Muffie, however, is a different story. I've never repaired one of these and I couldn't find any tutorials by anyone else. There were entirely strung Muffie dolls and then there were walkers and the latest ones were jointed dolls. Unlike most walker dolls, the Muffie walkers have legs which were apparently attached directly to the walker mechanism instead of being strung through it. I couldn't figure out how to recreate whatever was originally there and I couldn't figure out how to attach the legs to the walker mechanism so they would still move, so I decided to see if I could re-create a strung Muffie, bypassing the walker altogether.


I added new leg hooks.
First I made two tiny wire leg hook loops by twisting wire. I poked the twisted end if the wire into the hole in the leg with some epoxy on the tip of the wire. Then I surrounded the wire with more epoxy. When you do this make sure the loops are slightly bent, so help keep them from pulling right out of the hole, and cover the interior of the loop with epoxy for extra support. Allow the epoxy to cure for several hours.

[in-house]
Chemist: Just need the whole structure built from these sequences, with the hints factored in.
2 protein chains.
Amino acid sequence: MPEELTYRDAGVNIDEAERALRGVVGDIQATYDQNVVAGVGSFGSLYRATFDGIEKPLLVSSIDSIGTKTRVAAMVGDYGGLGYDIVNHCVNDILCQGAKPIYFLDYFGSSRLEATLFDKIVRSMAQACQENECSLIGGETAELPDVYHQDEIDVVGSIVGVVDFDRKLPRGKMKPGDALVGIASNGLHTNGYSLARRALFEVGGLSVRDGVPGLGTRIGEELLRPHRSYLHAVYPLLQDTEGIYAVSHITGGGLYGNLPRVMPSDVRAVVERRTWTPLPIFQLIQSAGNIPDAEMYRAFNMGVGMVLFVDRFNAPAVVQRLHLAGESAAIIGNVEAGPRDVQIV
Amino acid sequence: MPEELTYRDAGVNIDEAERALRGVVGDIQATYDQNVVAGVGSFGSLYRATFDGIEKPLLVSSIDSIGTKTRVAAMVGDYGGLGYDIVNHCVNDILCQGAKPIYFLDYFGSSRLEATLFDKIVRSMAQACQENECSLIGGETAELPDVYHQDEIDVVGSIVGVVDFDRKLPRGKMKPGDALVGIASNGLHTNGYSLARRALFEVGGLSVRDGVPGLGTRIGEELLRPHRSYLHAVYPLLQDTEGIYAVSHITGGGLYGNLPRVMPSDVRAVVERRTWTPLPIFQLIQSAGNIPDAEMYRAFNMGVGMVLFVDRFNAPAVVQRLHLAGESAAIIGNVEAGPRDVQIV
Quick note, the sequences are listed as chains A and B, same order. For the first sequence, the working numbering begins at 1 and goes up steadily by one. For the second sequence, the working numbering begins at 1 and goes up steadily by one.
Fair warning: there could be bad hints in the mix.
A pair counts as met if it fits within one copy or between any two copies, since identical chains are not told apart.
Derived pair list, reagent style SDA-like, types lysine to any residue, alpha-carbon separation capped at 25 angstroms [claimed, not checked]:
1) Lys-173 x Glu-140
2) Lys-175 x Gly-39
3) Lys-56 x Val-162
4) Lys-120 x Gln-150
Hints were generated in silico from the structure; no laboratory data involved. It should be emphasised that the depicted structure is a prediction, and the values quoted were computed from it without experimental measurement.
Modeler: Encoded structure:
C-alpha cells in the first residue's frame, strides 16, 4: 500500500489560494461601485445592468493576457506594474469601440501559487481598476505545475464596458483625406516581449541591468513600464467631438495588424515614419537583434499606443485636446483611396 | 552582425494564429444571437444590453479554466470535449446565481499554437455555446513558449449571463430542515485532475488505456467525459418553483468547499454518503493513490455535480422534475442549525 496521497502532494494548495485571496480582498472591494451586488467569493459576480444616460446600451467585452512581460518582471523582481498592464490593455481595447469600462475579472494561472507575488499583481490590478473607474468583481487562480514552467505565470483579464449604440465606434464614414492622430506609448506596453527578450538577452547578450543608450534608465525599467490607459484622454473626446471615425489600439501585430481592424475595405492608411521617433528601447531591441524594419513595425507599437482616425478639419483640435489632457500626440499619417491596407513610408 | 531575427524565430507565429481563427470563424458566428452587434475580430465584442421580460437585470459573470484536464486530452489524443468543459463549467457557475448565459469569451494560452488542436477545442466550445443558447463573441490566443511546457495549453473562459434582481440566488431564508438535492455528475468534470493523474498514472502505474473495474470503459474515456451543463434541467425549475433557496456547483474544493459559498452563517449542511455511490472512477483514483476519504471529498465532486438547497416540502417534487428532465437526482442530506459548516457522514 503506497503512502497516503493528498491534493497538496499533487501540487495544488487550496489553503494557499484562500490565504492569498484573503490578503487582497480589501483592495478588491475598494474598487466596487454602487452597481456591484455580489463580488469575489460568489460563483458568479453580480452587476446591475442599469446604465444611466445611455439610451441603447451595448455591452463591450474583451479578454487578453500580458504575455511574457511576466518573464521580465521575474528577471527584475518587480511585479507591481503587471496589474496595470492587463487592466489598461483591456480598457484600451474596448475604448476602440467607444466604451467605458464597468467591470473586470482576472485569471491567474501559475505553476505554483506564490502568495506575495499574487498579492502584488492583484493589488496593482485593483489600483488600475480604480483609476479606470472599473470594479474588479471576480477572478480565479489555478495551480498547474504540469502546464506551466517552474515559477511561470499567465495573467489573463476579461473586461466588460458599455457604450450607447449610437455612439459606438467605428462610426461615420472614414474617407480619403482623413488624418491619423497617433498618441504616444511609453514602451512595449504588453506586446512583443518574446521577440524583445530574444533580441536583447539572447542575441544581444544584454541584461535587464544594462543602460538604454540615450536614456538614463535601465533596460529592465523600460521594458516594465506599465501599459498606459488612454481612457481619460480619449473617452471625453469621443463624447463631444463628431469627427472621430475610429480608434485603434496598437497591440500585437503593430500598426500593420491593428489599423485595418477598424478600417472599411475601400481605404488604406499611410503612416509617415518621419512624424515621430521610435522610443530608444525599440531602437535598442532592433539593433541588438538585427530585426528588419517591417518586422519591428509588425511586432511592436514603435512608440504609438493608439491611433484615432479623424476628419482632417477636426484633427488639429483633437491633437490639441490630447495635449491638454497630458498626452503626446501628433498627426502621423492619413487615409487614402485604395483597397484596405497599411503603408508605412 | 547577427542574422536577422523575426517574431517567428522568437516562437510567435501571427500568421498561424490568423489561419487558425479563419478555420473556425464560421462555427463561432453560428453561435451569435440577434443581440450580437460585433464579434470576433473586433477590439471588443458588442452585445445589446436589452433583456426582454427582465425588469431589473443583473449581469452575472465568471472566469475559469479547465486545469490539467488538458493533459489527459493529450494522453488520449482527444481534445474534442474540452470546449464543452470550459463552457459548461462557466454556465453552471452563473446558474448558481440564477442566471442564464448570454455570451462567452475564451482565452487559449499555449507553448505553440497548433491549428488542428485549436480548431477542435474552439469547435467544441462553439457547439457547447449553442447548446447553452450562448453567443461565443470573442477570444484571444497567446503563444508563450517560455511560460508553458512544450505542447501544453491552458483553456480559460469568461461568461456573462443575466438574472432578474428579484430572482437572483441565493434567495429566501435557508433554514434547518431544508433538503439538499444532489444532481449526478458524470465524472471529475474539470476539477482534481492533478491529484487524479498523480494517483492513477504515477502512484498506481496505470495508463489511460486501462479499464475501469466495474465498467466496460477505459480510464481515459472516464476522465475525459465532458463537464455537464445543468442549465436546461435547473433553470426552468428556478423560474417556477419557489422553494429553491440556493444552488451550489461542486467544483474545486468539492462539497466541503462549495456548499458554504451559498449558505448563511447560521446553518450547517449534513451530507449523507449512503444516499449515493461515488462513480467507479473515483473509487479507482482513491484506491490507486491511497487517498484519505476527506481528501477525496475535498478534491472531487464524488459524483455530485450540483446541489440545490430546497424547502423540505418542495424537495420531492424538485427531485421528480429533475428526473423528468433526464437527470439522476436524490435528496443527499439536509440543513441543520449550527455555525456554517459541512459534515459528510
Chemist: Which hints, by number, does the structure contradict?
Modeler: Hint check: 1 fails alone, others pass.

Thread the wire around the walker mechanism.

Initially I tried to run the elastic behind the walker mechanism like always, but in this case the tension was not tight enough and the legs kept slipping out into a very wide stance. I found if I looped the elastic around the waist part of the walker and then strung the legs I got a tighter tension and put less pressure on the fragile homemade leg loops.

Stringing the legs
Then I went back to stringing as usual, running the cord through one leg loop, through the groin, through the other leg loop, and then tied it off. This repair is very fragile; mine pulled out twice and had to be re-done, so it's imperative to try to keep tension centered in the body rather than the leg loops.


Her ankles cross.


The downside of this repair, besides the fragility, is the tendency of the legs to cross at the ankles. I suppose it makes Muffie very well-mannered and demure! She can sit alone with this repair but for standing display she will require a doll stand. I guess it's still better than being legless, however. If you've repaired this problem a different way please comment (you will have to follow the blog to leave a comment).


Muffie can sit.

As you can see, Muffie was in need of a bath after her stringing. She got one and will soon be on her way back home. In other news, as I mentioned months ago, my Penny Brite diner dress, listed in my Etsy shop, is being featured in the shopping pages of the UK magazine, The Doll's House August issue. I hope you'll pick up a copy and that you'll check it out in my shop. I'm sure this will catapult me to instant international celebrity! Seriously, though, I'm honored to be chosen and truly appreciate the exposure.


The Penny Brite diner dress